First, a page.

He was present before all things and will endure through eternity.
He has no beginning and no end. He
Seventh, the Holy One of Israel is the Redeemer (v. 14).
He is the goel, the Kinsman Redeemer.
In whatever precarious and desperate circumstances Israel may find
themselves, He will redeem them from all harm.
He will perform the obligations of the closest of kin to assure His
people’s ultimate welfare.
Evidently Isaiah used the term “the Holy One of Israel” to portray
the Person of Messiah. Salvation
could be found in Him alone. Of that
truth He calls each of us to be His witnesses (v. 10).
We must declare Him to other peoples.
We do have a story to tell to the nations!
Isaiah 1:4; 5:19,24; 10:20; 12:6; 17:7; 29:19;
30:11,12,15; 31:1; 37:23.
Isaiah 41:14,16,20; 43:3,14; 45:11; 47:4; 48:17;
49:7; 54:5; 55:5; 60:9,14.
2 Kings 19:22; Psalms 71:22; 78:41; 89:18; Jeremiah
J. Hardee Kennedy, “The Holy One of Israel in the
Roll of Isaiah,” 6-7, unpublished doctoral dissertation, New Orleans Baptist
Theological Seminary, 1947.
Norman Snaith, Distinctive Ideas of the Old
Testament (New York: Schocken Books, 1964), 30.
Rudolph Otto, The Idea of the Holy (New York:
Oxford University Press, 1958), 25-30.
Francis Brown, S. R. Driver, and Charles A. Briggs, A
Hebrew and English Lexicon (Oxford: Oxford University Press, 1962), 872.
J. Wash Watts, Old Testament Teachings (Nashville:
Broadman Press, 1967), 279.
Jacob: All We Know
is associate professor of religion, Louisiana College, Pineville, Louisiana.
HE STORY OF
JACOB—the one who wrestled with God—is an imposing narrative.
In fact, the spiritual biography of this grandson of the great patriarch,
Abraham, covers the last half of the Book of Genesis.
Jacob casts a lengthy shadow across this important book, but the nature
of his long pilgrimage is less clear. Although
his story is told with a sober realism, the meaning of his life attempts to
elude us just as Jacob tried to escape from his brother, Esau.
Consequently, one is not surprised that the story of Jacob’s spiritual
journey is one of conflict and contrast, irony and paradox.
All of these are important elements of his story and add to the powerful
portrayal of the patriarch’s biography. They
also leave the reader with something of an enigmatic impression of Jacob’s
Jacob’s life was characterized by
conflict. Yet the first word about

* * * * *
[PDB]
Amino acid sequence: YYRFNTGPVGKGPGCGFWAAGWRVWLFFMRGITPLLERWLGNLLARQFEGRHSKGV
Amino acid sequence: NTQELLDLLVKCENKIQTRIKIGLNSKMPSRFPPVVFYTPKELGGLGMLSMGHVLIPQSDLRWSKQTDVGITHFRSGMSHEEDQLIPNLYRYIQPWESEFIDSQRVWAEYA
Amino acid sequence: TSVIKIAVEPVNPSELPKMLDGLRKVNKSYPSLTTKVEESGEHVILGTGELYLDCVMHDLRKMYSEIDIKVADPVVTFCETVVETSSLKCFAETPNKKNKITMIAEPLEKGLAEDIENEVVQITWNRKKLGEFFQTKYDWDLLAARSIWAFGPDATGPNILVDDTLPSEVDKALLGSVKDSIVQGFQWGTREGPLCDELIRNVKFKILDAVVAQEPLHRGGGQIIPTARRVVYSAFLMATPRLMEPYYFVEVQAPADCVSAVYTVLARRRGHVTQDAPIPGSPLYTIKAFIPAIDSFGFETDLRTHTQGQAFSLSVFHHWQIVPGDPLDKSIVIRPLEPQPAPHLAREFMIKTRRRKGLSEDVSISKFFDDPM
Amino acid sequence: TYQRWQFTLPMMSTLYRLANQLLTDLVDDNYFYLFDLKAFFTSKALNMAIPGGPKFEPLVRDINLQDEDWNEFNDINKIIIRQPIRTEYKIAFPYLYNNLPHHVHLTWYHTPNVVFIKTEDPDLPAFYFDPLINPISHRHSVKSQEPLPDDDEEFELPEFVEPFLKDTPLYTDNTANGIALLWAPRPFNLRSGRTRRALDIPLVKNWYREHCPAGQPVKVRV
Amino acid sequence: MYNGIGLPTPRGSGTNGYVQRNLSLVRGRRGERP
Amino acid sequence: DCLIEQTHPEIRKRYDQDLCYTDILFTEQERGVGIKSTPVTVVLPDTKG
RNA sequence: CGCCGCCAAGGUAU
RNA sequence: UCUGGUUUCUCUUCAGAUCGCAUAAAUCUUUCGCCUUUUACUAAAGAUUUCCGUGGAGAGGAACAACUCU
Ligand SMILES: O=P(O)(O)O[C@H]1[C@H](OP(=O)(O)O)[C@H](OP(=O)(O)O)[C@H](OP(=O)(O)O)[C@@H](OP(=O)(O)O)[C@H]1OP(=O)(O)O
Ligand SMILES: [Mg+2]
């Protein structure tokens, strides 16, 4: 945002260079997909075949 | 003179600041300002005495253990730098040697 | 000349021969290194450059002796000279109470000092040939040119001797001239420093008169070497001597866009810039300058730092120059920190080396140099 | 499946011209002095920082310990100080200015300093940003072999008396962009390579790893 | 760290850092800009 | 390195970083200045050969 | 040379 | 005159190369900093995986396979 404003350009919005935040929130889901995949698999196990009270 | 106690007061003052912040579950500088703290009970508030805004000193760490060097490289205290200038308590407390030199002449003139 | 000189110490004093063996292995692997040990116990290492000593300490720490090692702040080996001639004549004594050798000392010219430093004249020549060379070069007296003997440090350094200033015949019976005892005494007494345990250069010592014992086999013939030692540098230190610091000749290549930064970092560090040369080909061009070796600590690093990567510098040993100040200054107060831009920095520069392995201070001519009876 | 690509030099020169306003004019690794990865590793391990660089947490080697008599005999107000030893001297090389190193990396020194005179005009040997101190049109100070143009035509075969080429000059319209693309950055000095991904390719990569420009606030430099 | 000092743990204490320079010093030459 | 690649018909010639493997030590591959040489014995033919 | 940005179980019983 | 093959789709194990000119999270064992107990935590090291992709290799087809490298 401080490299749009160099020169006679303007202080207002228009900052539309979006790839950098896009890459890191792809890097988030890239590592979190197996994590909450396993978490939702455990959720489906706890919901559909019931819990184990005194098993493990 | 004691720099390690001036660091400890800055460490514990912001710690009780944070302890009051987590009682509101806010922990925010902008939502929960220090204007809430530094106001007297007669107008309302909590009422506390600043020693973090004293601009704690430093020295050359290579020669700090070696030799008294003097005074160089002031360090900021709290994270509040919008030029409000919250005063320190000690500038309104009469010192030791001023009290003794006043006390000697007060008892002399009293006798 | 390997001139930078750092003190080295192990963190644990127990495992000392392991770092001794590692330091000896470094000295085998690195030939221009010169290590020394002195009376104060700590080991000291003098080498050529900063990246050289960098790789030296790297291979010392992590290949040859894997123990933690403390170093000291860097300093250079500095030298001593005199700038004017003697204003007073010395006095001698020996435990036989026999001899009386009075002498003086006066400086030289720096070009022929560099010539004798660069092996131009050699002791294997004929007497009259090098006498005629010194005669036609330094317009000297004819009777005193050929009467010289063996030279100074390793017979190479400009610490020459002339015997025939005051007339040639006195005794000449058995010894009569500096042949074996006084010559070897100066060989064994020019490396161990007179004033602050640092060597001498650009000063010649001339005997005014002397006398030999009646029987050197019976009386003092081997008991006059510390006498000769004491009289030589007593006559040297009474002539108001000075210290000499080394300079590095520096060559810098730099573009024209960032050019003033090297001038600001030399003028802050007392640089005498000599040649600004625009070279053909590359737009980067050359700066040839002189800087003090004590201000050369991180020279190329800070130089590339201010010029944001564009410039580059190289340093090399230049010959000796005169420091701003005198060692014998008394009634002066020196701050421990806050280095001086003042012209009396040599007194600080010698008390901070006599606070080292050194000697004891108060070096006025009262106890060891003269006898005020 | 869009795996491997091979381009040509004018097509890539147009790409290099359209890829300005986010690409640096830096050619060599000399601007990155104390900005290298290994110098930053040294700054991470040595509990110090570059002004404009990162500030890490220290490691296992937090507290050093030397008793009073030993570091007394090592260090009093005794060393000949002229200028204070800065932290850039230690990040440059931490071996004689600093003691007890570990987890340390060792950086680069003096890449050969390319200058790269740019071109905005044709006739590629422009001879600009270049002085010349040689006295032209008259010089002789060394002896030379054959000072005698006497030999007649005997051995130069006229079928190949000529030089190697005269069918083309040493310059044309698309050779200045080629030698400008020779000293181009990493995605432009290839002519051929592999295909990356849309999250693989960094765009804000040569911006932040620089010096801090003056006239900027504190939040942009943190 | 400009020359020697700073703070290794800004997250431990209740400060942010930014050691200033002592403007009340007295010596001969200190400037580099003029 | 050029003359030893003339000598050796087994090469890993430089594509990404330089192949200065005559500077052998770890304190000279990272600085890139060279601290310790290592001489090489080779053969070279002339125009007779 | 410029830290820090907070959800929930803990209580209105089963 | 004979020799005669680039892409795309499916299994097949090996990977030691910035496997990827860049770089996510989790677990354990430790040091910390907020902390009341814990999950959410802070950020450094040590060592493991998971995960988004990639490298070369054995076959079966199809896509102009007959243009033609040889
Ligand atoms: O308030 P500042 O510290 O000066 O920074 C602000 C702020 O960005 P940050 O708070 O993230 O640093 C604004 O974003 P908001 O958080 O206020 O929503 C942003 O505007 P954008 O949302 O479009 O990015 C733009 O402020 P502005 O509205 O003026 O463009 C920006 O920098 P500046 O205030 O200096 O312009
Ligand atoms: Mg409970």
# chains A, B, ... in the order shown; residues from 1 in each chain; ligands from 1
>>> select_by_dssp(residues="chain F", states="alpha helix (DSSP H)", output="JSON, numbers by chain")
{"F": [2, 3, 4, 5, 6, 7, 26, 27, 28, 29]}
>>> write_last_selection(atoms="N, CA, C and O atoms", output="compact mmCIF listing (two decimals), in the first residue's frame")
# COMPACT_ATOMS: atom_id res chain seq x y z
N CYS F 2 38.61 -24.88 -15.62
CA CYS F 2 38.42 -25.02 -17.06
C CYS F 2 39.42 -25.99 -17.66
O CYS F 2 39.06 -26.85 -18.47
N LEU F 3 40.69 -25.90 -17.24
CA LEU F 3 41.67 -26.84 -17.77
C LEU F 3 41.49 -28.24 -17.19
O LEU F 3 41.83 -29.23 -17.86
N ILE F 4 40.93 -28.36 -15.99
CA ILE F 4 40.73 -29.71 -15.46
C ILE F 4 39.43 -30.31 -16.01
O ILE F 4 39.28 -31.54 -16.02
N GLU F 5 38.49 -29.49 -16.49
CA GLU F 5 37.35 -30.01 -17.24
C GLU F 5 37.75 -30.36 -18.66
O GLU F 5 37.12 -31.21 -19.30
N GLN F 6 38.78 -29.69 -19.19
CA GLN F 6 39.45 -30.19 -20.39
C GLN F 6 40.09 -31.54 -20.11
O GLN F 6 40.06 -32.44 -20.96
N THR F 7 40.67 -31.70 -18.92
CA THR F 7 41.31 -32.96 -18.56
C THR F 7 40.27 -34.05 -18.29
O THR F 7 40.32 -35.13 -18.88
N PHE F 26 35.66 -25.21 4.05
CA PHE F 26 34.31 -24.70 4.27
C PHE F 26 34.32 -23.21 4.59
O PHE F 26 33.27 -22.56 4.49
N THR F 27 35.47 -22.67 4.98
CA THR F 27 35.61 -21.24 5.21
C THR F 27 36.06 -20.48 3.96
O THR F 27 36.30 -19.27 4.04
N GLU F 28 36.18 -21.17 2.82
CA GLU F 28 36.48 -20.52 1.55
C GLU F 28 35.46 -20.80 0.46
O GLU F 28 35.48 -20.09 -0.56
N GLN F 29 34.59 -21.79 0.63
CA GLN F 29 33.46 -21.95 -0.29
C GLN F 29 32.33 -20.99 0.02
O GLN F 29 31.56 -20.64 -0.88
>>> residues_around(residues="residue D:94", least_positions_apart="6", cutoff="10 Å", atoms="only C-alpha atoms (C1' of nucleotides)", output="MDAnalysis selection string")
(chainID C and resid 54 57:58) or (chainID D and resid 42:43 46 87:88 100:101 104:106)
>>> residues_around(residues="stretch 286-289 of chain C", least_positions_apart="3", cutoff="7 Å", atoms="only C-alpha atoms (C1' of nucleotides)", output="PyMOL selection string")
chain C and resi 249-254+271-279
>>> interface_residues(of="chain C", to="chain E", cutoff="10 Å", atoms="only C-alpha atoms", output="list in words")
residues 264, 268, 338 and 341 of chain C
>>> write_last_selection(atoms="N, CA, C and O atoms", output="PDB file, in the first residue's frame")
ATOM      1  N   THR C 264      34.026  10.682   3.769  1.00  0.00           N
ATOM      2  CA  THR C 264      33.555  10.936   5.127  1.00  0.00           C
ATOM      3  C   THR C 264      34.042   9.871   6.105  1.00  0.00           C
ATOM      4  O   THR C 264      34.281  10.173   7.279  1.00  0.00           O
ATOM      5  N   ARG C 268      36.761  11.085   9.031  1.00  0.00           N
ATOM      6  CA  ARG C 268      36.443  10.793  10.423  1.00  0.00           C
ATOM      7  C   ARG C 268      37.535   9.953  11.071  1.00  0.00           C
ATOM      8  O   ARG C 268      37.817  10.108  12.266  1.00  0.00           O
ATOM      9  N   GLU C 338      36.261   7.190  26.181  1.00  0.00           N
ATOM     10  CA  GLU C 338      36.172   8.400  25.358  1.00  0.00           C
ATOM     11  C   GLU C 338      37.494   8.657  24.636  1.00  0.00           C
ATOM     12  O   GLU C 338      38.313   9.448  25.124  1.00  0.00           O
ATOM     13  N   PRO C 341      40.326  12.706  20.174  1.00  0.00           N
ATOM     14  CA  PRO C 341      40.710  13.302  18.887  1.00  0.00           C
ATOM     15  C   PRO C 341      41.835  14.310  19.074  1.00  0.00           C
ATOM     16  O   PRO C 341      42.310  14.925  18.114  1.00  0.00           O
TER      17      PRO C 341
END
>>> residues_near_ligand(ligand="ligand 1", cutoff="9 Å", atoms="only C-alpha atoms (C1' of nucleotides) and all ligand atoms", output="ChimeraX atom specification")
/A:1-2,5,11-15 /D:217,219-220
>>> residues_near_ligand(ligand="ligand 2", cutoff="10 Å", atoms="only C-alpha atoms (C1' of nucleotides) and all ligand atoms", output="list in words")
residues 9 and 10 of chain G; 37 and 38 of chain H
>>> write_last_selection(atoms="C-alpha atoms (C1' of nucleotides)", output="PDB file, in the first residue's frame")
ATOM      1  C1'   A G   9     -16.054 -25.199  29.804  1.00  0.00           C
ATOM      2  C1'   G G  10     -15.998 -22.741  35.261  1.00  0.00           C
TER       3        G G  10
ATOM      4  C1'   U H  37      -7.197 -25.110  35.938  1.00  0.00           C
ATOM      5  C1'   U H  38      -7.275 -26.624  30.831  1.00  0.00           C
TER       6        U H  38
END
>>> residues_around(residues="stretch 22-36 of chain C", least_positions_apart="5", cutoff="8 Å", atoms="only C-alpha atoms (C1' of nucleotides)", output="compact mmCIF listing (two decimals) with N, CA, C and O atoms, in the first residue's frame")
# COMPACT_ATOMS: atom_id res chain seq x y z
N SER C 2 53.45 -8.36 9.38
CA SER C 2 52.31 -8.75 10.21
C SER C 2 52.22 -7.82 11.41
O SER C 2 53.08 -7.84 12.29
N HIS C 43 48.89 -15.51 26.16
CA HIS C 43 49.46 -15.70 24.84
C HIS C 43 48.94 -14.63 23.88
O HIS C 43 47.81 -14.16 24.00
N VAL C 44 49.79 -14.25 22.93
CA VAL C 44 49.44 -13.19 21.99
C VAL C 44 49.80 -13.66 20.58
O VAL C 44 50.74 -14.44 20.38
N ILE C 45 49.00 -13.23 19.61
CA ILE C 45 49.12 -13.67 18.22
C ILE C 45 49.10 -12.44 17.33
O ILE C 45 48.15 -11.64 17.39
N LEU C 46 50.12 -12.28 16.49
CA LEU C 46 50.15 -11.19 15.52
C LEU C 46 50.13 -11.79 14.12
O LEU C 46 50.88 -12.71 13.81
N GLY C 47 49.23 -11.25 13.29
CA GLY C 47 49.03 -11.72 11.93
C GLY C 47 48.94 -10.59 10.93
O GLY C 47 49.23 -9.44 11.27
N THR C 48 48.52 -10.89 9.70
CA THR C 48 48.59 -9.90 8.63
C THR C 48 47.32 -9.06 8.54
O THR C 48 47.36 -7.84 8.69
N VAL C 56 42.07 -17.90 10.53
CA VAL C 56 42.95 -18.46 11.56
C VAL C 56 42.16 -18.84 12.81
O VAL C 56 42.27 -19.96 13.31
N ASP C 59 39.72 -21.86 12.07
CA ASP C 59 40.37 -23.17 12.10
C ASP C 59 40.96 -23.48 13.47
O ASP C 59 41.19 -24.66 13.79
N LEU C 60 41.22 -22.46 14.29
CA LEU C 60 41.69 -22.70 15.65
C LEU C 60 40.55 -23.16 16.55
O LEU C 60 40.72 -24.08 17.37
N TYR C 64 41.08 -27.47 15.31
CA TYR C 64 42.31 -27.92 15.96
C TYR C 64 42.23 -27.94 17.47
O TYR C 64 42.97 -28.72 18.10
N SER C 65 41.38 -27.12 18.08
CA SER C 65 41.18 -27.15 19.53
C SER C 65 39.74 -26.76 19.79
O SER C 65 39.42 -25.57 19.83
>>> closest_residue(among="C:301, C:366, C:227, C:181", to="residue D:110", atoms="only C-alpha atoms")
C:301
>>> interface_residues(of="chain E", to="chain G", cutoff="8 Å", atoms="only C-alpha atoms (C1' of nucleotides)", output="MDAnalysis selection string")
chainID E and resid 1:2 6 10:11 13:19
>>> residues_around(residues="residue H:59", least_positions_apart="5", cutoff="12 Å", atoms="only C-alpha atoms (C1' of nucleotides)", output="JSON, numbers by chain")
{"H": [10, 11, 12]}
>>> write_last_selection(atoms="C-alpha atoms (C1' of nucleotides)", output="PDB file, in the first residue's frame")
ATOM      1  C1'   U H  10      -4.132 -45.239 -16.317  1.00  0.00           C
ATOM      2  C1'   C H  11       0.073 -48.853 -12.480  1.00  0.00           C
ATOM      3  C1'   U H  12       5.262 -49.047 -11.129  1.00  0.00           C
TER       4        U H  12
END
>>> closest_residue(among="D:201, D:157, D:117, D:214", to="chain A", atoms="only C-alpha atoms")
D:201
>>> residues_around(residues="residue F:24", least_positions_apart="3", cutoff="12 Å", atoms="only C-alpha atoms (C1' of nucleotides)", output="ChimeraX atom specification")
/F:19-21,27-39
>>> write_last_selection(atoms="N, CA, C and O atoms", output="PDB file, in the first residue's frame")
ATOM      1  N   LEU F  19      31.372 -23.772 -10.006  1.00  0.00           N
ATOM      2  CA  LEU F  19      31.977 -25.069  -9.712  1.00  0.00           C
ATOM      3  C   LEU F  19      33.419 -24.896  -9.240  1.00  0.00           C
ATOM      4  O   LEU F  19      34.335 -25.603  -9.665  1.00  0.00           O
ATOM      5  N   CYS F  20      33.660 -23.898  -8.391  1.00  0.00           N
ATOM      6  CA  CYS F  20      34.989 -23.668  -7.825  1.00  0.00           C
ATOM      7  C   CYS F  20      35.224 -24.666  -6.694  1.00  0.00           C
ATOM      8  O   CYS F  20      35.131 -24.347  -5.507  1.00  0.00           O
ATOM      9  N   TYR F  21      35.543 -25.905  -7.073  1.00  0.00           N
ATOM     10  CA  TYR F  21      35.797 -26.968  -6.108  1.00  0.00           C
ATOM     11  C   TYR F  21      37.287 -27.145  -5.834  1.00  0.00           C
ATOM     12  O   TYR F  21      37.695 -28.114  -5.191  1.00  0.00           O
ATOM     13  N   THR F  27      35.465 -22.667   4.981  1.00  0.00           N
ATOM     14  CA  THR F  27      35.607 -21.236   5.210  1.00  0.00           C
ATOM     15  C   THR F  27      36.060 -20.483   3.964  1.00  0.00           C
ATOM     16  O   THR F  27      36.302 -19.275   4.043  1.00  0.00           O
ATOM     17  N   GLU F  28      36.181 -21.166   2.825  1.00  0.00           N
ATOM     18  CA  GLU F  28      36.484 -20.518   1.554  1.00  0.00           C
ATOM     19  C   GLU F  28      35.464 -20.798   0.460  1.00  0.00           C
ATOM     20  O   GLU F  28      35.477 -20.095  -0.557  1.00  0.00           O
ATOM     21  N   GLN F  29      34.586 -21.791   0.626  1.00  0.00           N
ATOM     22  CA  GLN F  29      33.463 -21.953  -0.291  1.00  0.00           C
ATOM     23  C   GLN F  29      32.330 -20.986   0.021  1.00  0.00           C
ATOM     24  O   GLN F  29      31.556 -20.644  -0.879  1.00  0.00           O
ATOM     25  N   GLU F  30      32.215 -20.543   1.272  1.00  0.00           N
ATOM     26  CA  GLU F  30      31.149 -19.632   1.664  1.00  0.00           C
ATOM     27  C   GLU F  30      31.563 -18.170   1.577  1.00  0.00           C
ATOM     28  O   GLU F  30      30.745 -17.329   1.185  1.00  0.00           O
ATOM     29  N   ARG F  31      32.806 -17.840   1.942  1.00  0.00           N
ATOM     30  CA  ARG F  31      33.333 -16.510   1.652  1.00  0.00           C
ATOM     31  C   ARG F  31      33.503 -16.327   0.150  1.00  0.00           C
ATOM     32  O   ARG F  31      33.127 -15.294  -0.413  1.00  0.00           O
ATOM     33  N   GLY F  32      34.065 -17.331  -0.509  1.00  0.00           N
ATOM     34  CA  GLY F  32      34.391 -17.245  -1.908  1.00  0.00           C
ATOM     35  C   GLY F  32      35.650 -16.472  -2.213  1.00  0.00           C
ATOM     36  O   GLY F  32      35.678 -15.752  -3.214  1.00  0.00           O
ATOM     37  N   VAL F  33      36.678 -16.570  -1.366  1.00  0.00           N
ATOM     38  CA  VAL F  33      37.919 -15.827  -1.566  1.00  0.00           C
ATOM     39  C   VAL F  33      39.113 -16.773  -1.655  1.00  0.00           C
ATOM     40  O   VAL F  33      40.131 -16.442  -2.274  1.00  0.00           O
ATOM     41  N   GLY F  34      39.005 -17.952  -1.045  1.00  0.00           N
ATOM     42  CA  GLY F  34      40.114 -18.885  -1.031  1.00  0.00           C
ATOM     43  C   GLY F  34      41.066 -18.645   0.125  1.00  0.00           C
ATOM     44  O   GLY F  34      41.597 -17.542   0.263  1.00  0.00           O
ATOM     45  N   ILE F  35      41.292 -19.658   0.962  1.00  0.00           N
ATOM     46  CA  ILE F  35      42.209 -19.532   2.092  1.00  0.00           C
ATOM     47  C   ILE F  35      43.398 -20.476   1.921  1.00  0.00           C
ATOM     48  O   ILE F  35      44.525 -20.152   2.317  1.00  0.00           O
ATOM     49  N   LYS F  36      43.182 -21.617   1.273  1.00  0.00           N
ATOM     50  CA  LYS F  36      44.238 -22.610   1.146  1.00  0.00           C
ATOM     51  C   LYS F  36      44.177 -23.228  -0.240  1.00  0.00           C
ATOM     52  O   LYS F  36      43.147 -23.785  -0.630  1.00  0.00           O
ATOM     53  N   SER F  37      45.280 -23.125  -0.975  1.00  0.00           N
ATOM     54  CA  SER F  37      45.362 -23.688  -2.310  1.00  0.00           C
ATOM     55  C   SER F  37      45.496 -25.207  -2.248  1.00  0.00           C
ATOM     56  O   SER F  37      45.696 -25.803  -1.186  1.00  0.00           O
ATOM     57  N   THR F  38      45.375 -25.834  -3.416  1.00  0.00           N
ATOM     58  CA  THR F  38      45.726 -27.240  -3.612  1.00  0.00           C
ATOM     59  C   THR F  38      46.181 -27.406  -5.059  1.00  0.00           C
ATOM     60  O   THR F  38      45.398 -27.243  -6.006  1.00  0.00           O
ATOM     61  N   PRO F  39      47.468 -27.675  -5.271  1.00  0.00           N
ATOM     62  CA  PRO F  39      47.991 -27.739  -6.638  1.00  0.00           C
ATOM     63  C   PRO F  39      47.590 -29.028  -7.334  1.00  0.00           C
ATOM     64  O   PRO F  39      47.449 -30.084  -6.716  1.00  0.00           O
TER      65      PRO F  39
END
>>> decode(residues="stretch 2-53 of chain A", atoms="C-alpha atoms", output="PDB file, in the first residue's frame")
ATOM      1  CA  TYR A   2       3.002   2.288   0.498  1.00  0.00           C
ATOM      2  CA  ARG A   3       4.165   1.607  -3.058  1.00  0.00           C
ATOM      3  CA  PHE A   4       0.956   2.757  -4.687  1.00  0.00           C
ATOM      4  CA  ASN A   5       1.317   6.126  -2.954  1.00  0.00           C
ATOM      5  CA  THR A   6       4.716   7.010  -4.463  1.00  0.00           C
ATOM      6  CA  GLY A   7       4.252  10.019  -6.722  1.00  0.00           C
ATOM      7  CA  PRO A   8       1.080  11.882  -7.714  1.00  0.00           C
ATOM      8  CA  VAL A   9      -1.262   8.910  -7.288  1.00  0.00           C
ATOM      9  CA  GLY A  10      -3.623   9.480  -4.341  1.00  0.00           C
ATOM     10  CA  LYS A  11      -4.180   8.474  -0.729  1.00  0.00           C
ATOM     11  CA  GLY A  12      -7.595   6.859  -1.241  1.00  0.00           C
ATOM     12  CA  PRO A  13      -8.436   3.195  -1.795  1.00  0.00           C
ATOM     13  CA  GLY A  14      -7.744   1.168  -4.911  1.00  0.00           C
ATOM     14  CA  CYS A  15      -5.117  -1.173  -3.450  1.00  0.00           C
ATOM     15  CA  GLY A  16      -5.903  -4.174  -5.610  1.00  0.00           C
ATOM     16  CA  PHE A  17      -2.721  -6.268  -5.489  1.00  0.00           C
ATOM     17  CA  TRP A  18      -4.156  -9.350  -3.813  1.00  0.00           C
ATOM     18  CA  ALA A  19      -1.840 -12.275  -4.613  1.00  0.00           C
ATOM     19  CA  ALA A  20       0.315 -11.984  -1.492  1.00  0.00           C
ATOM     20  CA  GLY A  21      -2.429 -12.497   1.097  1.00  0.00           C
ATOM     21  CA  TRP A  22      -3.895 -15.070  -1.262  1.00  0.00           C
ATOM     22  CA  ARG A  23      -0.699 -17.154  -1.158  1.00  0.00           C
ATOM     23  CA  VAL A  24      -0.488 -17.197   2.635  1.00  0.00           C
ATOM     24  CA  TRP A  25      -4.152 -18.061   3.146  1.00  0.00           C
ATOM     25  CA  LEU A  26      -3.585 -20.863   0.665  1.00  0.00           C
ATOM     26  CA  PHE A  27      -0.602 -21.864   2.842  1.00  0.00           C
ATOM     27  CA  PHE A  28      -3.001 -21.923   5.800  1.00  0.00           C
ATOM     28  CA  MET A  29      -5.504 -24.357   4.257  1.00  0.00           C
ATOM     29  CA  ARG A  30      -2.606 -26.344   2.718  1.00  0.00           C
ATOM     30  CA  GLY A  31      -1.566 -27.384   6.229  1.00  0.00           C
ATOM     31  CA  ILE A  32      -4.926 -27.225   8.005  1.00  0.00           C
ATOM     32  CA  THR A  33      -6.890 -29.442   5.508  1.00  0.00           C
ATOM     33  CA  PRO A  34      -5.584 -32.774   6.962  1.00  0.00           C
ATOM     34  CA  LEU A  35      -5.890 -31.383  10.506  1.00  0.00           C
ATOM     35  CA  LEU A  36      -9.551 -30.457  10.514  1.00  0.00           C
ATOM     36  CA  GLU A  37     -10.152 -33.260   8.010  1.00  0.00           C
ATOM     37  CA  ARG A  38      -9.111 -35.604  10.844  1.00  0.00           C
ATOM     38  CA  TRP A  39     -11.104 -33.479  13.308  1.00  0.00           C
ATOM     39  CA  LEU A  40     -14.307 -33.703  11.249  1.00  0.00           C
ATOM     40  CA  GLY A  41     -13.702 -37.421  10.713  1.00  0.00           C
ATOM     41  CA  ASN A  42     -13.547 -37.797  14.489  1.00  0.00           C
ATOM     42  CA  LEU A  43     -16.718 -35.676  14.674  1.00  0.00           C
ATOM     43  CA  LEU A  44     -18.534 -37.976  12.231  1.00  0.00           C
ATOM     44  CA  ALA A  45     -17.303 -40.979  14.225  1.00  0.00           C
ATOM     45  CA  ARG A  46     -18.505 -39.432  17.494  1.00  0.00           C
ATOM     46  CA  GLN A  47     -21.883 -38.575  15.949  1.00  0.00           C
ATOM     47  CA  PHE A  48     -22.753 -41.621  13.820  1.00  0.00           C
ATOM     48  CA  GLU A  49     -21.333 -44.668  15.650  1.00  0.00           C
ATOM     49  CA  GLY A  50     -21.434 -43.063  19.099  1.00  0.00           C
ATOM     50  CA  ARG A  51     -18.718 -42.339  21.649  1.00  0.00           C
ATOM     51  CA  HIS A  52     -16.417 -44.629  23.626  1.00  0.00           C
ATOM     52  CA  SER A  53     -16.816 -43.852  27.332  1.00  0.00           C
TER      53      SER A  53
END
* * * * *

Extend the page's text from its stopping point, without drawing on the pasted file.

him is that he was an answer to prayer (Gen. 25:21).
Rebekah, like her mother-in-law, Sarah, before her, was barren.
When Isaac prayed to the Lord, his prayer was granted.
Even before the birth, Jacob and Esau struggled within Rebekah’s womb.
Then the Lord said to Rebekah: “Two nations are in your womb, and two
peoples, born of you, shall be divided; the one shall be stronger that the
other, the elder shall serve the younger” (Gen. 25:23, RSV).
This mood of conflict which appears
in the Jacob story prior to his birth continues throughout the entire narrative.
The twins who struggled together in Rebekah’s womb appear to be
wrestling in the very act of childbirth. For
as Esau was being born, Jacob grabbed him by the heel and held on (Gen. 25:26).
This event seemed to foreshadow Jacob’s later character, and he spent
much of his life “wrestling” with his brother, his family, his God, and
likely with himself and others.
It is important to note in reading
of Jacob that a “divine reversal” takes place at the outset.
God seemingly predetermined that “the older shall serve the younger.”
However, also notice that Jacob took his brother’s birthright through
heartless exploitation (Gen. 25:29-34) and gained his father’s blessing
through deception and lies (Gen. 27:1-29). For
many sensitive readers, Jacob’s “supplanting” of his brother and deception
of his father pose a moral problem. This
issue is only intensified by the fact that Jacob’s experience at Bethel, with
its emphases on the divine promise and blessing (Gen. 28:15), comes precisely
after the deception of his father and the exploitation of his brother.
It seems that in abrupt fashion, God granted the blessing given formerly
to Abraham and Isaac.
Does this mean
that the Bible condones Jacob’s deception and lying?
The answer is no! Both Jewish
and Christian commentators seem to agree that Jacob was “a man of flesh and
blood” whose relationships and dealings with others “depict a man who is a
master of cupidity and intrigue, bent upon getting ahead in the world at all
costs.”1 In contrast to
Abraham and Isaac, who both are described as living to a ripe old age, Jacob can
only say that the years of his life have been “few and evil” (Gen. 47:9).2
Jacob was the quiet and
mild-mannered son who seemed to love home and family life and the attentions of
his mother. Yet he was forced to
flee whom and what he held dear to spend twenty years in an exile which would
show his traits of exploitation and deception turned against himself.
There in Haran the guiding hand of Laban, the revered family member, was
supposed to protect him. However,
Jacob the trickster was tricked and make the victim of his own kind of
deception. Was Laban’s trickery a
retribution for Jacob’s exploitation of his father’s blindness?
This is more than a faint echo of the ancient Israelite understanding
that Justice and judgment ultimately belong to God, who controls history and the
destiny of individuals.
Consequently, when Jacob declared to
his blind father, Isaac, that he had found the game so promptly “because the
Lord your God granted me success,” he proclaimed (albeit ironically) one of
the most profoundly true explanations of the meaning of his life’s journey
(Gen. 27:20, RSV). In addition to
its vivid portrayal of the human condition, the biblical portrait of Jacob as
supplanter, trickster, and deceiver emphasizes another central point: the